Burning the Midnight Oil
Chris Jones, Aaron Conners
and 3 Cards to Midnight
An interview by flotsam
Mention Tex Murphy
to an old time adventure gamer, and you might well get a response
something like “those were the days” or “they don’t make em like that
anymore”. Well, they were and they don’t, but they do still make em,
despite the rumoured demise of the adventure genre more than once.
Like the genre itself, old
adventurers never die. The team behind a number of the Tex games, Chris
Jones and Aaron Conners, have teamed up again to establish Big Finish
games, whose first product is the soon to be released:
3 Cards to Midnight.
GameBoomers was fortunate enough to get
some time to kick back with Chris and Aaron and reminisce about the old
days over bourbon and a Llama light, and look ahead to the future.
GB: Let’s get the
obvious matter out of the way first – this is not a sequel to Tex is it.
Chris: Or is it?
GB: But we do get
Chris as a private detective?
Aaron: It’s the only thing
he’s good at.
GB: Were you
tempted to make it a sequel? Or did the radio theatre episodes
sufficiently fill that space?
Aaron: We’ve always wanted to
continue the Tex series. Radio Theater was as much for our own enjoyment
as for the fans, but it didn’t come close to “filling the space”.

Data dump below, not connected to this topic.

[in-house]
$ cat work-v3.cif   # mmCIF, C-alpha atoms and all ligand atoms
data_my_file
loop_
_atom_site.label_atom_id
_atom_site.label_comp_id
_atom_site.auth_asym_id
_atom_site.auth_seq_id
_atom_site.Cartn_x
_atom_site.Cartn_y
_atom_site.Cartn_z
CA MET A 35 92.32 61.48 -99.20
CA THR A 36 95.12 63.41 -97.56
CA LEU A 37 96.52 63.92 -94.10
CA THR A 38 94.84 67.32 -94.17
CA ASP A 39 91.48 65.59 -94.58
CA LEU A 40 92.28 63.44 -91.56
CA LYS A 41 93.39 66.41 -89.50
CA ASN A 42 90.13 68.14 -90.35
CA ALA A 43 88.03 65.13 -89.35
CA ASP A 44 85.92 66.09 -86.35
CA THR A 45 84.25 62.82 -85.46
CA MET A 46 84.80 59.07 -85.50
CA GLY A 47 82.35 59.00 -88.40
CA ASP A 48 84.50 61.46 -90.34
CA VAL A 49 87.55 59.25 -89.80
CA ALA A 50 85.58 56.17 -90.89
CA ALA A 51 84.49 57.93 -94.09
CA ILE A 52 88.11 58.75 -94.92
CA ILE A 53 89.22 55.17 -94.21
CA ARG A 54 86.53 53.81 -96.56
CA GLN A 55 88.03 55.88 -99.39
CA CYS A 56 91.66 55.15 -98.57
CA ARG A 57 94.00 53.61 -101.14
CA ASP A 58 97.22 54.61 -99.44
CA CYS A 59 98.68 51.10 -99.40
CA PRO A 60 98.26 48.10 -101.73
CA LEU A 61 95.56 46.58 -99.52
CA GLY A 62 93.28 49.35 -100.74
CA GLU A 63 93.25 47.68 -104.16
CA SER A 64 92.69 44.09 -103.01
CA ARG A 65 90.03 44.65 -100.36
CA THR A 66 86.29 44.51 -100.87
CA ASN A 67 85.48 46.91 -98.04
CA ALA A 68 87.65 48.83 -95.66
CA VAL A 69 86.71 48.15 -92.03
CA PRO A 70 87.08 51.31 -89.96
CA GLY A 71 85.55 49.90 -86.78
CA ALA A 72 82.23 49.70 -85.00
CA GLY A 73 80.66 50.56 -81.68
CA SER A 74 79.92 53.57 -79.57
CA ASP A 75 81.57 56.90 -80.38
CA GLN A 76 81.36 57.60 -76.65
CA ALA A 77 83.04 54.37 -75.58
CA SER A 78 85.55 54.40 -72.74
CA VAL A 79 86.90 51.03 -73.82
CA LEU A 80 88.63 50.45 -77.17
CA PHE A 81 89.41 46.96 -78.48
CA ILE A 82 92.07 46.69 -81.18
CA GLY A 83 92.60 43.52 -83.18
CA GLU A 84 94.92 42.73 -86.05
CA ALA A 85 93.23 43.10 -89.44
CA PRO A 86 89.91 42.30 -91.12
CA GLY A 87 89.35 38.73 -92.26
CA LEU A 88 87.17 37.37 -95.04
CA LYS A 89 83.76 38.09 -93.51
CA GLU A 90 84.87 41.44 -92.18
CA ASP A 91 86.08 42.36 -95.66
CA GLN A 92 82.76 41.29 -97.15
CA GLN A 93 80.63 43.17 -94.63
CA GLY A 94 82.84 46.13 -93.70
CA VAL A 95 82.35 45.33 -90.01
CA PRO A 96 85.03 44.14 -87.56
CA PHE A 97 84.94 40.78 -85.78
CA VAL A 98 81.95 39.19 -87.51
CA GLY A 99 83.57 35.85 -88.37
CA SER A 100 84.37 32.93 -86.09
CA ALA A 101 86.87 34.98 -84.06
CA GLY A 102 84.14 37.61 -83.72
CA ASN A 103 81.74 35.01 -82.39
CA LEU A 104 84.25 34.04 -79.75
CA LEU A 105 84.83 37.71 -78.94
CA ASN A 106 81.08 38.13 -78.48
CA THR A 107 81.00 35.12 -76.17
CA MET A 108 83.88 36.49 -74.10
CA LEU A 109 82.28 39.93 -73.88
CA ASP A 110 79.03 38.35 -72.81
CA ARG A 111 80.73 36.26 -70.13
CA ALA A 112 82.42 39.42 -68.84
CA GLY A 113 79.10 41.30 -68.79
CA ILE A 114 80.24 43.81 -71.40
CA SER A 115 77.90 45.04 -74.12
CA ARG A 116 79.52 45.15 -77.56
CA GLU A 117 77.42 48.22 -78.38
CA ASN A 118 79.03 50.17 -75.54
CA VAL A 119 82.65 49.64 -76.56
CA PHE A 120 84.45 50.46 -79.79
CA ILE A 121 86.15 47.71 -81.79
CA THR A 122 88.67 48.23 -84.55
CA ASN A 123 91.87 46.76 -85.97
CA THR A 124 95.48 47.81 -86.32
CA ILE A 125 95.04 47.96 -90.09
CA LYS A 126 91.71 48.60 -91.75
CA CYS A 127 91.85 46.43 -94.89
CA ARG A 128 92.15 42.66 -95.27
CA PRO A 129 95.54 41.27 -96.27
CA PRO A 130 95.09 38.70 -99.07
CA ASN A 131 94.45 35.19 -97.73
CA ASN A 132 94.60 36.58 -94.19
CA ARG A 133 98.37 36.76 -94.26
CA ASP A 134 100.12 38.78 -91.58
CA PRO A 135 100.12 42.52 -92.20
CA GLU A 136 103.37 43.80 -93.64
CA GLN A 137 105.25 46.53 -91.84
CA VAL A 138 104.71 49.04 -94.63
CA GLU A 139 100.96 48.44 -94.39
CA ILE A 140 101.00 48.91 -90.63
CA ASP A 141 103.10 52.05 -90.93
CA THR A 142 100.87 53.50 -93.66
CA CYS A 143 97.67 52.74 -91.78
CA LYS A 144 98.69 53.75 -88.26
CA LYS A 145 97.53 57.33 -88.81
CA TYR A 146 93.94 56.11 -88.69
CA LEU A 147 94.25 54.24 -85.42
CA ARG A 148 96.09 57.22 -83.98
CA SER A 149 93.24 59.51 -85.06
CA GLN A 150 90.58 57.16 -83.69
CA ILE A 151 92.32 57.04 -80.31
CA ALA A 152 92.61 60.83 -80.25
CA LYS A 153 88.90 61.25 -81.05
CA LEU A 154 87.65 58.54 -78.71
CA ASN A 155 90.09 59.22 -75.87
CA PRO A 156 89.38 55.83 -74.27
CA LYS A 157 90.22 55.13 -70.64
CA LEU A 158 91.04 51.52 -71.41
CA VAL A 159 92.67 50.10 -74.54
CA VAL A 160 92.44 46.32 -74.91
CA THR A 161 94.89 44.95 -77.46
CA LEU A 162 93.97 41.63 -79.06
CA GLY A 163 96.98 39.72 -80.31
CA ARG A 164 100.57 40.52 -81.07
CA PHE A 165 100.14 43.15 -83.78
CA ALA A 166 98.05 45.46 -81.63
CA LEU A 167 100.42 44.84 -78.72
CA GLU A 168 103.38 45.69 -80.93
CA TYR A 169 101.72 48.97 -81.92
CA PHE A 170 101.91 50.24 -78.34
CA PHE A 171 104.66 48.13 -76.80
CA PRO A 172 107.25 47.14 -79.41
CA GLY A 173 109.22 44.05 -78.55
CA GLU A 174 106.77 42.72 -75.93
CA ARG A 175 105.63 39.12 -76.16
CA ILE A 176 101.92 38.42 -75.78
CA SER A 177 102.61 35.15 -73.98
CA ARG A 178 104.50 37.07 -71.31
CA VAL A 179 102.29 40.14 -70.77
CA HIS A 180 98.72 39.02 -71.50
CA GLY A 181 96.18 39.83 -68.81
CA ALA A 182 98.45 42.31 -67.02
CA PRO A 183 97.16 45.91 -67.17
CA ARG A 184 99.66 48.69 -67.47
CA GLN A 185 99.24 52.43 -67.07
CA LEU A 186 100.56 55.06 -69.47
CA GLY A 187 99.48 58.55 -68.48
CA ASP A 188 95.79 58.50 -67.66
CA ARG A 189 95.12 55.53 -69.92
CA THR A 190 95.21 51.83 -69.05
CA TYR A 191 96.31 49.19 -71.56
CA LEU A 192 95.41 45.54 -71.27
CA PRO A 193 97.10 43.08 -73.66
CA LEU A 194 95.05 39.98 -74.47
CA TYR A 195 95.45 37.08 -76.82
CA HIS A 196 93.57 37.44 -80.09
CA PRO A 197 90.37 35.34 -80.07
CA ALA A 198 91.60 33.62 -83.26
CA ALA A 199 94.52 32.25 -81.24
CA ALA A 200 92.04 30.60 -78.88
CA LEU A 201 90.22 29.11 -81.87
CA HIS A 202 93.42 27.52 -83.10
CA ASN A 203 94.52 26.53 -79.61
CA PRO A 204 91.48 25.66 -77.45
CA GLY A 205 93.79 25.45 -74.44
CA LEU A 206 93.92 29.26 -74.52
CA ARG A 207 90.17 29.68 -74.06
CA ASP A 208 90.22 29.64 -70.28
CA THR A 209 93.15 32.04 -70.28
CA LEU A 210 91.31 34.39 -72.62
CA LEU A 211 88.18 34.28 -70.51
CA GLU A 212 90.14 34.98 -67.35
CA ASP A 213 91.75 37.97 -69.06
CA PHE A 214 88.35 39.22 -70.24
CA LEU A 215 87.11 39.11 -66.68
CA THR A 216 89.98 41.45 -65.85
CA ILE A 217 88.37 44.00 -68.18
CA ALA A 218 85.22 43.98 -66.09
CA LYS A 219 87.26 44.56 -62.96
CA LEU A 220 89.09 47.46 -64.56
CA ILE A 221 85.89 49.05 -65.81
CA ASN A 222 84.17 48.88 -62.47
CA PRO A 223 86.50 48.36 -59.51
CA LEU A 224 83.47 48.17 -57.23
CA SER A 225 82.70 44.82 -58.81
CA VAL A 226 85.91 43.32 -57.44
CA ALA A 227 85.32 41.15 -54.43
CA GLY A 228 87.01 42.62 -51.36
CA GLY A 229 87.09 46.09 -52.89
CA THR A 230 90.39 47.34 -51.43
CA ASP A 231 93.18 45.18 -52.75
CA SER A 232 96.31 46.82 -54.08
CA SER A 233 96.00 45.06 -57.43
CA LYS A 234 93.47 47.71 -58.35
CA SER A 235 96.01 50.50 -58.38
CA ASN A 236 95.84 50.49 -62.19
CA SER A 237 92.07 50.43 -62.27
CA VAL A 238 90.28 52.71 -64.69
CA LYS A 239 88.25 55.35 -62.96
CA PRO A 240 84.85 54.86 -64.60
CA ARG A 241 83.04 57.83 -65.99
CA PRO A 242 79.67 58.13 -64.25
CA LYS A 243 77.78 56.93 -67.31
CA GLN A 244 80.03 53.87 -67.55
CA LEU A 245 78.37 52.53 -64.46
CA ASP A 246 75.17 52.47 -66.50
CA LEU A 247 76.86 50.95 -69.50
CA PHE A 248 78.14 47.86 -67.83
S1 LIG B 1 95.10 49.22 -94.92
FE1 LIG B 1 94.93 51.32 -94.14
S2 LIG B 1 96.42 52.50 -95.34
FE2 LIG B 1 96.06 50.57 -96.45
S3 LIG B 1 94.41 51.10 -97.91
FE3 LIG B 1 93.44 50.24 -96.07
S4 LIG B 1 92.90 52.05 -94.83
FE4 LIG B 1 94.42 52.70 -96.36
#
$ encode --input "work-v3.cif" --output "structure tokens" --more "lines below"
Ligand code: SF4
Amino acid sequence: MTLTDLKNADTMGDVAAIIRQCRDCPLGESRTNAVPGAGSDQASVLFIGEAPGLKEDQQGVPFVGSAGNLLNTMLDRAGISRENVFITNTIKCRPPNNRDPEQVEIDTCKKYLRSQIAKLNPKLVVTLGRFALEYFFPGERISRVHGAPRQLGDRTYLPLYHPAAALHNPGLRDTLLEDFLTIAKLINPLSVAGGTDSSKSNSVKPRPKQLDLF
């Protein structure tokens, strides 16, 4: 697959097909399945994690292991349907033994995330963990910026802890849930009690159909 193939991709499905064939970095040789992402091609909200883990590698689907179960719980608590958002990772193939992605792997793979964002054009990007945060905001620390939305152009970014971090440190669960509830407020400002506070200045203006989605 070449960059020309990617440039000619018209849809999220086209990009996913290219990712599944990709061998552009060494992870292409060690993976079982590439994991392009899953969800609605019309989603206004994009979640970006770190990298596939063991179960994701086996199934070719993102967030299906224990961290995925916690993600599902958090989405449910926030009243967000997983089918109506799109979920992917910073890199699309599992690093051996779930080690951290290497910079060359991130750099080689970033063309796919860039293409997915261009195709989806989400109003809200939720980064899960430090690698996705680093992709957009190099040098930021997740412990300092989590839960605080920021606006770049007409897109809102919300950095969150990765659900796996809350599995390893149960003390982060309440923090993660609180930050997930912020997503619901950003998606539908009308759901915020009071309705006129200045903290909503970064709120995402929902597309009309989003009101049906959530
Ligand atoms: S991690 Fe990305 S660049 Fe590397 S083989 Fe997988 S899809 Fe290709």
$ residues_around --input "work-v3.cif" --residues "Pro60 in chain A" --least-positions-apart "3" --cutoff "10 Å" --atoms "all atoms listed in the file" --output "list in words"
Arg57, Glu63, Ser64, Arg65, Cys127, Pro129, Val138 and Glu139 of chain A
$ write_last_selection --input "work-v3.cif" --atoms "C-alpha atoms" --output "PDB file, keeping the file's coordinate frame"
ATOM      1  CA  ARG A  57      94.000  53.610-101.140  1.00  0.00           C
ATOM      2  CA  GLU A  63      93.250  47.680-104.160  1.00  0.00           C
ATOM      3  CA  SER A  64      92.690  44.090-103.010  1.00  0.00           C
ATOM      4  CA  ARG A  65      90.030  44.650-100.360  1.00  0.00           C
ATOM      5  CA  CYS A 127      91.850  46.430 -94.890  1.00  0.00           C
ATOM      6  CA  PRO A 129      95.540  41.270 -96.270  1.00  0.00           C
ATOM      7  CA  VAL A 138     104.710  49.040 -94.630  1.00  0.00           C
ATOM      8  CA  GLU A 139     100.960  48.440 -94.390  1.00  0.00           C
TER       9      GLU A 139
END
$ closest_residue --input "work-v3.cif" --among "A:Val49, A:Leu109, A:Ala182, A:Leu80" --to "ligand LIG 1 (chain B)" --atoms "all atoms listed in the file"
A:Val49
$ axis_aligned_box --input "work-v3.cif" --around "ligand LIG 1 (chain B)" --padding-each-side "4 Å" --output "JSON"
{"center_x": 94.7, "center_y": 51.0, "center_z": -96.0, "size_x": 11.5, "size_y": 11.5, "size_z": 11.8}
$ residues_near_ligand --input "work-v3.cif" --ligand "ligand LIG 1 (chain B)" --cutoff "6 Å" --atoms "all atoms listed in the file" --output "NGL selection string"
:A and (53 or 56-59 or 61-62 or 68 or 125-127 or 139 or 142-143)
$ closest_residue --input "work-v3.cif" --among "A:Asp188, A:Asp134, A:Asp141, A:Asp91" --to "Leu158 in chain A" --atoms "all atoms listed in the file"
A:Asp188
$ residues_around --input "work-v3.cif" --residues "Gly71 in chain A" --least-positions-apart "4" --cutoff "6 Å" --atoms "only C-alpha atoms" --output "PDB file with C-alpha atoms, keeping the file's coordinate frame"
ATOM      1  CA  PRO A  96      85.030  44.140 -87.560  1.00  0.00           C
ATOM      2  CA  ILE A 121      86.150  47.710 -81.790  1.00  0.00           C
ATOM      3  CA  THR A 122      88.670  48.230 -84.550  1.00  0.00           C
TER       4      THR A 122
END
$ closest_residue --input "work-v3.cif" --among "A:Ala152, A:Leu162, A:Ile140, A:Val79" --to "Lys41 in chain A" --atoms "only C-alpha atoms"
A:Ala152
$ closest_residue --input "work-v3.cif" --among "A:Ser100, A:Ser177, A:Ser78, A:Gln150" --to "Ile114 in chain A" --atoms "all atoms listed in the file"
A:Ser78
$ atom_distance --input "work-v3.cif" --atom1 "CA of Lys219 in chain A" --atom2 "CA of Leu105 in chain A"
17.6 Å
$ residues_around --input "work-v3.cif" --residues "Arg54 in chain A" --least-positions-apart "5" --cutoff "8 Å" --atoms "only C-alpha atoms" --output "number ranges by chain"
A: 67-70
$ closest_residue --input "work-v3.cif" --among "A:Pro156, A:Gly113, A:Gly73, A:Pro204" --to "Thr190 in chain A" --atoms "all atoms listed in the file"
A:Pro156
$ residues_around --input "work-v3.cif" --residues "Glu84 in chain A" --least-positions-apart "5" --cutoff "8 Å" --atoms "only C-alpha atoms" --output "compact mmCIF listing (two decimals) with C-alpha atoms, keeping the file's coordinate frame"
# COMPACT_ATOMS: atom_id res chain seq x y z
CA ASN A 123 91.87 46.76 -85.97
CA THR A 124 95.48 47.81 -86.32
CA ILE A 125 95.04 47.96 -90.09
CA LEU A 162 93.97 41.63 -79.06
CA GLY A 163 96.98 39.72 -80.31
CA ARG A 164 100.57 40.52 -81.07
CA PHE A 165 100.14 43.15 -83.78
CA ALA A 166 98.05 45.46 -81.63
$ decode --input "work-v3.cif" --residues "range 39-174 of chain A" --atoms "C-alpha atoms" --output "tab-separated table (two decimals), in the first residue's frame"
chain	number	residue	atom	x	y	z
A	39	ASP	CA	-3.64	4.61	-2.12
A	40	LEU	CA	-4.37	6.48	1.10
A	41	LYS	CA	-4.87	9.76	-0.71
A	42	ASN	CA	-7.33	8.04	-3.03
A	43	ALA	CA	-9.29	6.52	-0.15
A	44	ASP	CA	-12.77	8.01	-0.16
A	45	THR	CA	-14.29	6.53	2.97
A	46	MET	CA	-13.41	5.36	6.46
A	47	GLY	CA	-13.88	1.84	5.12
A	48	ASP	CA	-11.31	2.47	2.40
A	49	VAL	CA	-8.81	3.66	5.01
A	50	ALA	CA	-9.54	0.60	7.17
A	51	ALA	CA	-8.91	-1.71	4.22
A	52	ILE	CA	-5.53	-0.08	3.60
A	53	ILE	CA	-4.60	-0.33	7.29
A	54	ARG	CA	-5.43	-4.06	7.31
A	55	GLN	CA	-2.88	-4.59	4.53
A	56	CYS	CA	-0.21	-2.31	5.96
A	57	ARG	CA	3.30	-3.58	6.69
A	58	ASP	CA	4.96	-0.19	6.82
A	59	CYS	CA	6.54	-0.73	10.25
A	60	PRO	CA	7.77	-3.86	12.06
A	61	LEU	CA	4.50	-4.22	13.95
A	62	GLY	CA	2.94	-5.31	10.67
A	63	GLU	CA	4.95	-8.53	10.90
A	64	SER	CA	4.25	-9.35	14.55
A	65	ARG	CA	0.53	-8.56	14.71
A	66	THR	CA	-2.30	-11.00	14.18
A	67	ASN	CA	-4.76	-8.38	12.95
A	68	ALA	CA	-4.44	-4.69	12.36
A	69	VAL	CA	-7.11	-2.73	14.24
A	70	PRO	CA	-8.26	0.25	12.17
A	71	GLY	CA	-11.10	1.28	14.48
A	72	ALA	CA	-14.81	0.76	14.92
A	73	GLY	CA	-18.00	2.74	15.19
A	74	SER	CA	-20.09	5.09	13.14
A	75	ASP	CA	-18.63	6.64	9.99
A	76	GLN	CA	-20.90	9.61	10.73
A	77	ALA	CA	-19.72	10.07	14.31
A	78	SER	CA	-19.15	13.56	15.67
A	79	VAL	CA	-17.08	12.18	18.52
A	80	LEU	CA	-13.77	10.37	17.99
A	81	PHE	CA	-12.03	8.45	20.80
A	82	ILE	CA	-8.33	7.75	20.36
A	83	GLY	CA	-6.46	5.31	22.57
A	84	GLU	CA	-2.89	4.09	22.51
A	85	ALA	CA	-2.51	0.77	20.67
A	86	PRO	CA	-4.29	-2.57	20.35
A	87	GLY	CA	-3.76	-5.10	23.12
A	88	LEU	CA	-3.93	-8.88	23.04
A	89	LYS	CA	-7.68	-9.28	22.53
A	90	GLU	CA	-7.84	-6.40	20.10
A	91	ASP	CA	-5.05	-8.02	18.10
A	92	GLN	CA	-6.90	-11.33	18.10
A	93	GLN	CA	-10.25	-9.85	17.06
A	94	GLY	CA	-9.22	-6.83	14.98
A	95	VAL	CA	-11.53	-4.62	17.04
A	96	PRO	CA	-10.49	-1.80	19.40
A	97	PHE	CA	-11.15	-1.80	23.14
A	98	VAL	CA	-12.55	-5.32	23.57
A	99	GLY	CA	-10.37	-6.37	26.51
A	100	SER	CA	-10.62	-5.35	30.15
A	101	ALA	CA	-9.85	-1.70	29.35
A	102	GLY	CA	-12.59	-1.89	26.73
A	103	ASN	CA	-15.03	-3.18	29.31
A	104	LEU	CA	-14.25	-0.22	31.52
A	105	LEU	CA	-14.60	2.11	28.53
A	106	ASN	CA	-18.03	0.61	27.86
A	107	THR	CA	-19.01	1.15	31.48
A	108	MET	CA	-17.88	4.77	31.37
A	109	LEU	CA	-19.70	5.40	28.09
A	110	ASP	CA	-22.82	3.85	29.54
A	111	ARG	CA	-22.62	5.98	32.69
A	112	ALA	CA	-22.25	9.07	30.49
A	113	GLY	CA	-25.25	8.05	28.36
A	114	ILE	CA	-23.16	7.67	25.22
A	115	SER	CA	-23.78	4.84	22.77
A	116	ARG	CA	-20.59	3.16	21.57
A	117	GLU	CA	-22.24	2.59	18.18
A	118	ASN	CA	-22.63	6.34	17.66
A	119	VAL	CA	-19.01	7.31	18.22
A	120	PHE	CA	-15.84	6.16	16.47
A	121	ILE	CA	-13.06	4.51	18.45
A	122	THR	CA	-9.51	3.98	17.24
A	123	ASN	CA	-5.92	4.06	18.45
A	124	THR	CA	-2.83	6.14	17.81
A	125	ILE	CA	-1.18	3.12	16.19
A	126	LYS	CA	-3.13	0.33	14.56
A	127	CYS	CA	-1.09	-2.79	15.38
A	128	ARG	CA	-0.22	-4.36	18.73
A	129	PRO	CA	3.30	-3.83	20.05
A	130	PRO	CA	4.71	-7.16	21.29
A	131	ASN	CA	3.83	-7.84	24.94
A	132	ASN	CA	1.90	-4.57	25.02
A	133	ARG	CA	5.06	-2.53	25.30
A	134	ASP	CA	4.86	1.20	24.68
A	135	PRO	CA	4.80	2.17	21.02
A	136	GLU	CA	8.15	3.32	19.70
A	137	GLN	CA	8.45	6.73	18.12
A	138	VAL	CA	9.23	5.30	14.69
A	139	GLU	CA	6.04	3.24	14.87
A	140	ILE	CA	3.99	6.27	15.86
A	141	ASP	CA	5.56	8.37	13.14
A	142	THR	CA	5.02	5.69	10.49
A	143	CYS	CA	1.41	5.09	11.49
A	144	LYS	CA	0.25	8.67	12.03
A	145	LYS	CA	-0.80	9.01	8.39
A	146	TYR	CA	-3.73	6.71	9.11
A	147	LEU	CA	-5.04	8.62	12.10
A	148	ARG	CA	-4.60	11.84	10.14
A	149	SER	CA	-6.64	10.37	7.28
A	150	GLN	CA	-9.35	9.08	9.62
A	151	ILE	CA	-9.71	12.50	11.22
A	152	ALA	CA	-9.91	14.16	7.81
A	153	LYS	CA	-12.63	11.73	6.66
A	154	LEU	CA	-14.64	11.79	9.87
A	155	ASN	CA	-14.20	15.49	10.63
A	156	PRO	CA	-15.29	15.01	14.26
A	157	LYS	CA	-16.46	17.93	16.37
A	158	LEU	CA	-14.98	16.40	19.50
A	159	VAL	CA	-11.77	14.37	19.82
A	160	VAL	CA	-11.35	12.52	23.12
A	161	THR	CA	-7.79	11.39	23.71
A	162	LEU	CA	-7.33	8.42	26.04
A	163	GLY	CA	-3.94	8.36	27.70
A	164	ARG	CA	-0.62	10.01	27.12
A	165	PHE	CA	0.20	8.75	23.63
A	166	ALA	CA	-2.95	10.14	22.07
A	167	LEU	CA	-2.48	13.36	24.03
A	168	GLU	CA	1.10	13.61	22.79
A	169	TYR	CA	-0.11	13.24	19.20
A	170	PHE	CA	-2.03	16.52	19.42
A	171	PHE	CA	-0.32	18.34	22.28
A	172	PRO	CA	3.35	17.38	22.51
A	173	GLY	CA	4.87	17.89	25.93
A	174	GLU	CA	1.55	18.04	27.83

Chris: When we started this
project, we were looking for a way to appeal to the new gaming audience
and provide a new type of experience for them. We were looking for a way
to be successful in this new market and also bring some pluses from our
Aaron: And coming into a new
situation, we felt like we should start with a new IP (characters,
settings, etc.) rather than try to bring Tex back without the proper
resources to do it right.
GB: Just between
you and me, did Tex find the artifact and get Chelsee back?
Chris: You’ll just have to
wait and find out. Actually, going back to your last question, Radio
Theater was in part a tester to see how many people were still
interested in Tex’s continuing adventures.
Aaron: And it turns out there
were quite a few. We have every intention of letting you find out for
yourself if Tex finds the artifact and gets Chelsee back.
GB: Storyline was
a big part of the Tex games, and Big Finish games promises to create the
very best story driven games. How do you make sure the story isn’t